Alcohol Action Ireland’s submission to the EU Commission’s Agriculture and Rural Development consultation on ‘Modernising and Simplifying the Common Agricultural Policy’ (CAP)

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What are the main problems/obstacles preventing the current policy from successfully
delivering on its objectives? What are the drivers behind these problems?
Most of the CAP money relating to alcohol is spent on wine subsidies, both productivity support and promotional measures. Since Ireland is not a producer of wine, none of that money reaches Ireland in direct subsidies. However, the knock-on effect of these subsidies has help to drive down the price of wine across the EU and increase the promotion of wine.
These measures have been very effective in contributing to increased sales and consumption of cheap wine in Ireland. Alcohol consumption in Ireland almost trebled between 1960 and 2001, rising from 4.9 litres of pure alcohol per person aged 15 and over to 14.3 litres. It decreased the years that followed as an increase in excise duty, followed by the recession, impacted on alcohol’s affordability. The most recent data from 2016 shows alcohol consumption in Ireland on the rise again to 11.46 litres per capita. Alcohol is responsible for 88 deaths every month. That’s over 1,000 deaths per year. One in four deaths of young men aged 15-39 is due to alcohol and alcohol is a factor in half of all suicides in Ireland.
2013 data from the Health Research Board shows that wine was the most common type of alcohol consumed by women aged over 25 years (58.9%) and one-in-four women (24.1%) experienced harm as a result of their own alcohol use, while 15.6% of women reported experiencing harm as a result of someone else’s alcohol use. Therefore, in our opinion it not appropriate for the EU to continue subsidising wine in this manner.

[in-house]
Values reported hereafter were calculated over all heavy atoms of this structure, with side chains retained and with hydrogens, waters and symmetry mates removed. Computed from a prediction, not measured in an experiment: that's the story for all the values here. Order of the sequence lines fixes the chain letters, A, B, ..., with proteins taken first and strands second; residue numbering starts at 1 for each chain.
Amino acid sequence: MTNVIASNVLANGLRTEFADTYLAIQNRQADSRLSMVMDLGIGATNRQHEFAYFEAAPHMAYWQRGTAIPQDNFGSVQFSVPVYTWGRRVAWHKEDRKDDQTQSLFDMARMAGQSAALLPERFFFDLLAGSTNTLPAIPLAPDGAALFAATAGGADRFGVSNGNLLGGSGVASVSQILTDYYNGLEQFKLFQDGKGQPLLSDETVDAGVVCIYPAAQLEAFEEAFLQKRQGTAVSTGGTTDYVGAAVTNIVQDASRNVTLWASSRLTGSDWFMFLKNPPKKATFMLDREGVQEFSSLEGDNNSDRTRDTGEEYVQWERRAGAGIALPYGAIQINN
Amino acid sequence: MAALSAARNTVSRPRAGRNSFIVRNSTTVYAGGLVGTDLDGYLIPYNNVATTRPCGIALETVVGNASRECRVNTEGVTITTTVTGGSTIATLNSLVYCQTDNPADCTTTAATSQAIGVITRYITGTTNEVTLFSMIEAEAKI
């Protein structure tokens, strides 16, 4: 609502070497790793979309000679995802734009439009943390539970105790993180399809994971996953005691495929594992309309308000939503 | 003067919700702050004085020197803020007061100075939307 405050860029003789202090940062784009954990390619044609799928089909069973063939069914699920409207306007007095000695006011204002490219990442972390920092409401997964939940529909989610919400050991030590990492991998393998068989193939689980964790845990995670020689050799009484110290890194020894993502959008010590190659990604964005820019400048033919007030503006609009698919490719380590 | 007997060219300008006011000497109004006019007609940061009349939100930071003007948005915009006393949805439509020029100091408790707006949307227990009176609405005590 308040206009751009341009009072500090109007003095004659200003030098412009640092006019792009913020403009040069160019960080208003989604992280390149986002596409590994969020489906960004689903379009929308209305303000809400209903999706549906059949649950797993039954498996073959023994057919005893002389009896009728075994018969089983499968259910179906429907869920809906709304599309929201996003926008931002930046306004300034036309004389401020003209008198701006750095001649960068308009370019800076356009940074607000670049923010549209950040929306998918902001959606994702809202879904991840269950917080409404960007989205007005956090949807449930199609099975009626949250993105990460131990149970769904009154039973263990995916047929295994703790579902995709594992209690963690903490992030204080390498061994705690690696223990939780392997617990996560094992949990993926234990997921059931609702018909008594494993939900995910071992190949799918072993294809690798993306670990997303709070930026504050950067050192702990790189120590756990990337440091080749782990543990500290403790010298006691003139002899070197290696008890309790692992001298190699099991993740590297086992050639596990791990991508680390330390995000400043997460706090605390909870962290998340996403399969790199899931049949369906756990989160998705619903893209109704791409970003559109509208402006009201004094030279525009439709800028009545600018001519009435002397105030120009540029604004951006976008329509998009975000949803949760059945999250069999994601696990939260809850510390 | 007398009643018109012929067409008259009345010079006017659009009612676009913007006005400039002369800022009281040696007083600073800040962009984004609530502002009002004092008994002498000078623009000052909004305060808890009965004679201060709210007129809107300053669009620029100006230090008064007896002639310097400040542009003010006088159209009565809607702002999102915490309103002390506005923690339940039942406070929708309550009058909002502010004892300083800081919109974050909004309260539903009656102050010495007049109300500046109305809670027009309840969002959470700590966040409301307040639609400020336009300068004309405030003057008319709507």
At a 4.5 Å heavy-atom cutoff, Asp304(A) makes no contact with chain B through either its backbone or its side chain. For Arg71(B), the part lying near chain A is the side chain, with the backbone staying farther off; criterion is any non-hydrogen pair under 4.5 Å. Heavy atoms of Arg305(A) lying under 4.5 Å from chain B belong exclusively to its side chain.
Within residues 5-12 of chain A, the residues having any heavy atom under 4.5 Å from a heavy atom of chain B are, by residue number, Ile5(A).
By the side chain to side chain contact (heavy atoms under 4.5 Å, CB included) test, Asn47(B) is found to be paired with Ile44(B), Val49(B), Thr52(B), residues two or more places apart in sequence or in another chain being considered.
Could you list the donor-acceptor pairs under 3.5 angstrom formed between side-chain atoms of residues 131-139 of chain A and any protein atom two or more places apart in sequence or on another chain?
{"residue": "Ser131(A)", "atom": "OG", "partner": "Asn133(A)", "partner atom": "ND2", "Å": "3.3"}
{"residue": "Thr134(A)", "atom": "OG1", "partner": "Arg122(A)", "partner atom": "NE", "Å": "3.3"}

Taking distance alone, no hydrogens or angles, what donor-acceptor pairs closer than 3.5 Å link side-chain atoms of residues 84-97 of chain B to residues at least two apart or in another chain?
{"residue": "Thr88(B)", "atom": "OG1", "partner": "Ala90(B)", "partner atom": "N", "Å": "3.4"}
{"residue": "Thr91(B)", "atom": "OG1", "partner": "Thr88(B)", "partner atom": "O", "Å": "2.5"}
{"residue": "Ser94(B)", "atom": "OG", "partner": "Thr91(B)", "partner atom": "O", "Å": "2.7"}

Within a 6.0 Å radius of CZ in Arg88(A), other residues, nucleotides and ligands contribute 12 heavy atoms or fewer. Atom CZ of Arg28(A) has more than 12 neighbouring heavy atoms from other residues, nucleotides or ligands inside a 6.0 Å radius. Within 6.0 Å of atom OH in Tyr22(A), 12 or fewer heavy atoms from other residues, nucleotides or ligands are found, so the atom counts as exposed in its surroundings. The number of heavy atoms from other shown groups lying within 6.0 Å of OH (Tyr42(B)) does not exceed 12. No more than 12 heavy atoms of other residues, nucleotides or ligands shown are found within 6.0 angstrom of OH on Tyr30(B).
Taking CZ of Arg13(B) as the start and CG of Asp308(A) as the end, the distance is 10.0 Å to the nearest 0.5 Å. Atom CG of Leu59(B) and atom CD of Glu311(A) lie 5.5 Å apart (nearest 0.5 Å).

Which elements of the current CAP are the most burdensome or complex and why?
The CAP should aspire to be not merely a support mechanism for farmers but also shape health and well- being of EU citizens. The wine promotional funds should be re-examined. The scheme has been increased in the recent years from 61 million euros yearly to 200 million, which creates a massive
incoherence in EU policy. The promotion funds are used for advertising of wine, when the World Health Organisation is calling on advertising restrictions for alcoholic beverages to reduce alcohol-related harm.
In Ireland, our harmful drinking has a huge impact on our nation’s physical and mental health, claiming three lives every day. Beyond health consequences, the harmful use of alcohol brings significant social and economic losses to individuals and society at large.
The Irish Government is committed to introducing a Minimum Unit Price (MUP) for alcohol. In this country, it is possible for a man to reach his low risk weekly drinking limit for just €8.50 – less than an hour’s pay on the minimum wage – while a woman can reach her low risk weekly drinking limit for just €6.30. MUP is needed, partly because alcohol prices are being pushed down by instruments such as the CAP. We believe that the wider food & agricultural policies should be aligning with public health policies such as MUP, to drive down consumption of alcohol and in turn reduce alcohol harm.